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When IT Consumers Become Technology Providers—A Vertically-Led Paradigm Shift Powered by the Cloud and Big Data

The End of Monopoly Rule and the Rise of Customer-Led IT

Until the conception of the World Wide Web and commercialization of the Web browser in the mid-1990’s, the IT industry was characterized by global monopolies that dominated the technology business. Despite the amazing growth trajectory of IT in the past sixty years, there really have only been two great monopolies in the history of this business—IBM and the virtual monopoly of Microsoft and Intel.

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IBM Repurposes the Storwize Name – Real Time Compression is IBM’s Secret Weapon

IBM's Secret Weapon - Real Time Compression

I attended the IBM announcement in NYC this past week where the company introduced several new products, including the Storwize V7000 storage array for mid-sized customers. It was a strong announcement, specifically a storage array for mid-sized customers with very innovative packaging (2.5” drives, SAS-2, flash, thin provisioning, fully virtualized, automated tiering, heterogeneous external array attach) with the potential to have exceedingly high performance and very competitive features even with the likes of 3PAR. Imagine a combination of Compellent’s low end and 3PAR’s high end offerings and that’s what this device has the potential to deliver. Scale down and up with extremely competitive feature sets.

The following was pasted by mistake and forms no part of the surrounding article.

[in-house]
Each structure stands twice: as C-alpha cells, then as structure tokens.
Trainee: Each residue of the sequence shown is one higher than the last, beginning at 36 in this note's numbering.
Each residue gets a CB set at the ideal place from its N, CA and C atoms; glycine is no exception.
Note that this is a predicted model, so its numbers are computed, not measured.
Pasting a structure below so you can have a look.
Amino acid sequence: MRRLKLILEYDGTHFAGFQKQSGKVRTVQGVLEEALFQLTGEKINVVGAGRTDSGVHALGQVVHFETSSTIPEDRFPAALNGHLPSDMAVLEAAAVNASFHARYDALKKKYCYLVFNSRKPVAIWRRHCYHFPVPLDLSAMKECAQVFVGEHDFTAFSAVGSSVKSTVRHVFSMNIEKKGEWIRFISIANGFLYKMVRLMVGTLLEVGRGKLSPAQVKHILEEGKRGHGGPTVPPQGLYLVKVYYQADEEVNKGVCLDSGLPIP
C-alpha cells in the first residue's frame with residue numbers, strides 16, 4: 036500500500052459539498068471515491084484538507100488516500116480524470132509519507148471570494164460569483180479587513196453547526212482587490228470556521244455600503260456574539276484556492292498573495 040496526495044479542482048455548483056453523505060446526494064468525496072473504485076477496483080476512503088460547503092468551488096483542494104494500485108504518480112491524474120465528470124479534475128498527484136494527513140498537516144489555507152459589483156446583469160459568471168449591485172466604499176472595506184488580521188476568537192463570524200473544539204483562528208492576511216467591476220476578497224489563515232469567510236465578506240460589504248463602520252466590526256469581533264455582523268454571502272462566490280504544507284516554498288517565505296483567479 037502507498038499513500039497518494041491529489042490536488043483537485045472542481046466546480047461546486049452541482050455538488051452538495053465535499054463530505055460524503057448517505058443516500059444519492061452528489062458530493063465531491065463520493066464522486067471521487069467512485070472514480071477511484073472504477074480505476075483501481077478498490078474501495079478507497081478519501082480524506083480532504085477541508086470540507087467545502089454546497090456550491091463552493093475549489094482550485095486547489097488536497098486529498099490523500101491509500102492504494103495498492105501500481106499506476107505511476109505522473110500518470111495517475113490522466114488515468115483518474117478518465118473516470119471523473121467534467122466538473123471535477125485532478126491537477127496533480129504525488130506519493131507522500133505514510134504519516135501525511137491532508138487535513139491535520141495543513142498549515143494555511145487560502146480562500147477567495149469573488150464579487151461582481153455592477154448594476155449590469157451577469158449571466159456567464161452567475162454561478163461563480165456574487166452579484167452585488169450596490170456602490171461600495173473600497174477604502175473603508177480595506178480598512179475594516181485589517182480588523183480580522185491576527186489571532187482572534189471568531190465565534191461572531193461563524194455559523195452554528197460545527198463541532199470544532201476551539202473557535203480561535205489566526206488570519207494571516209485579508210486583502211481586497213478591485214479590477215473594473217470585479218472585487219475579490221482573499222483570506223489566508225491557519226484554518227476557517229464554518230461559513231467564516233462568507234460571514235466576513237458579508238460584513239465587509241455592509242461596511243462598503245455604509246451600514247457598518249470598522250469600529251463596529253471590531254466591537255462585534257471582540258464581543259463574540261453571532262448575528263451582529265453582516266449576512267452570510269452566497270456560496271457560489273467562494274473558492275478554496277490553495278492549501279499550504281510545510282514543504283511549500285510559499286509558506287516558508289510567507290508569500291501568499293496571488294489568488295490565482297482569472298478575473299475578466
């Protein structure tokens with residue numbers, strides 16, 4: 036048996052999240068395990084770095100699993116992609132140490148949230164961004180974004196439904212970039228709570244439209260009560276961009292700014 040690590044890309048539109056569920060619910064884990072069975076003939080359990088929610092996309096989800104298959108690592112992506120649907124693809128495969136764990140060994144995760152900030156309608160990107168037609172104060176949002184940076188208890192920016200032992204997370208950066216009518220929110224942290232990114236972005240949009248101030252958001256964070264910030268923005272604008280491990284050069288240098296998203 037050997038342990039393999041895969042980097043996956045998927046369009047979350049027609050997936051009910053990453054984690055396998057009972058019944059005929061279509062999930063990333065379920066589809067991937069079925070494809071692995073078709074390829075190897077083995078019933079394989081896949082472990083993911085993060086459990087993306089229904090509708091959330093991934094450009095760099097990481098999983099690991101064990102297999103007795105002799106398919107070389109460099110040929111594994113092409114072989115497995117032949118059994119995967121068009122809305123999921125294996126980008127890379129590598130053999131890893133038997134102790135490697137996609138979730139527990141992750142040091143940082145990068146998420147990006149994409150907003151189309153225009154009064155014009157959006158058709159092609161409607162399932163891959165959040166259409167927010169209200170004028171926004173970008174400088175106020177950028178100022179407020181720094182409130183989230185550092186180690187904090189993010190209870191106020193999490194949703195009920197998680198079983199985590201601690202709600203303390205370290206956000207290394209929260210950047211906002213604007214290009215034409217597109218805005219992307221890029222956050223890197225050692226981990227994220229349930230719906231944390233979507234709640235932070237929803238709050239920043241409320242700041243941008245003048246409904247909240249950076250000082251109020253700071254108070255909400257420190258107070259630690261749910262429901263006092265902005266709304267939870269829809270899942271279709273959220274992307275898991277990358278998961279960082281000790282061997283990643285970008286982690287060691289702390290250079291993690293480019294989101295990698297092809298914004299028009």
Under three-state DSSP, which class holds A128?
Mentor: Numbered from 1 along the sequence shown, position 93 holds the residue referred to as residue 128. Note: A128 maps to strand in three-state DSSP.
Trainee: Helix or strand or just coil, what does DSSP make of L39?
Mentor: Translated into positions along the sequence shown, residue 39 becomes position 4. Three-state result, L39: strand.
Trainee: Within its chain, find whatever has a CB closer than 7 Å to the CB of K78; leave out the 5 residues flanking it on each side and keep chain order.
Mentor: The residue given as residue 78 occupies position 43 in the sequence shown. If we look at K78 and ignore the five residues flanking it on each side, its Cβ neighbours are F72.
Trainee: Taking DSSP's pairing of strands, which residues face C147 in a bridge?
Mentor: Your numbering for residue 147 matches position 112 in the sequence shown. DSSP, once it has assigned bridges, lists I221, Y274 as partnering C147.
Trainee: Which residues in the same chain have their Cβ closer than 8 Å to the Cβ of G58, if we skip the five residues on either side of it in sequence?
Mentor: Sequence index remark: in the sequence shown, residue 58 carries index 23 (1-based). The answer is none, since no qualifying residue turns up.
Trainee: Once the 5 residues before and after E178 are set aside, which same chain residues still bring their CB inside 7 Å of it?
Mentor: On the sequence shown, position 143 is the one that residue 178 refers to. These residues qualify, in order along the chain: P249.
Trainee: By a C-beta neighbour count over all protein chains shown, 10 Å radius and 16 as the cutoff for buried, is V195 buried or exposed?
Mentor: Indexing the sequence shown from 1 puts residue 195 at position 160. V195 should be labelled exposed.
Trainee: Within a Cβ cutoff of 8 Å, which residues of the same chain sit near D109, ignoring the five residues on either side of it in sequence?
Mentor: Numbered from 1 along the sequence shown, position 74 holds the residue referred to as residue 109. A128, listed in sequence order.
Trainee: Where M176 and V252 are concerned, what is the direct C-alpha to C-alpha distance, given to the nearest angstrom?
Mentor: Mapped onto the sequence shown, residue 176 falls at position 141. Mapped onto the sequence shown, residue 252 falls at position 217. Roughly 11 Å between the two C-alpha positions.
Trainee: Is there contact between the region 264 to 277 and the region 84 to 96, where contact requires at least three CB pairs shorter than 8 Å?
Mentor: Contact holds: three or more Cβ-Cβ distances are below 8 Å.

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IBM Squeezes Storwize into its Portfolio

 

Can you squeeze 20 lbs of flour into a 10 lb bag? That’s what Storwize does and its does so without impacting performance. In fact Wikibon members have indicated that Storwize compression technology actually increases the performance of file-based storage. In one of the industry’s worst kept secrets, as reported by SiliconAngle and Reuters in mid June, IBM has announced a definitive agreement to acquire Israeli startup Storwize. IBM is not disclosing terms but sources indicate Big Blue paid perhaps as much as $140M for Storwize, an Isreali-based startup that has raised about $40M in venture capital from Sequoia Capital, Bessemer Venture Partners and other VCs. The deal will take about 30 days to close so Storwize should officially become part of IBM by the end of August.

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20 Key Research Notes from the Wikibon Community

The Wikibon community prides itself on its research. Our community’s primary goal has been in helping technology professionals solve business problems through a sharing of IT advisory knowledge. We do this through regular Peer Incites, case studies, and community research.

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Dedupe Rates Matter…Just Not as Much as You Think

 

Not All Compression is Created Equally

In a recent blog post entitled: Ocarina Weighs in- Dedupe Ratios Do Matter, VP Carter George writes:  The dedupe ratio measures against what’s left after you’ve deduped. The percentage measures against the size of the data before you dedupe.  Both are valid measures.  It’s also true that some solutions do a better job shrinking your data than others.  Dedupe solutions that do a better job should be ranked higher when you are comparing solutions.  That said, comparing the claims made on vendor websites is not a very good way to find out who can actually shrink your data better.
Why?  Vendors lie.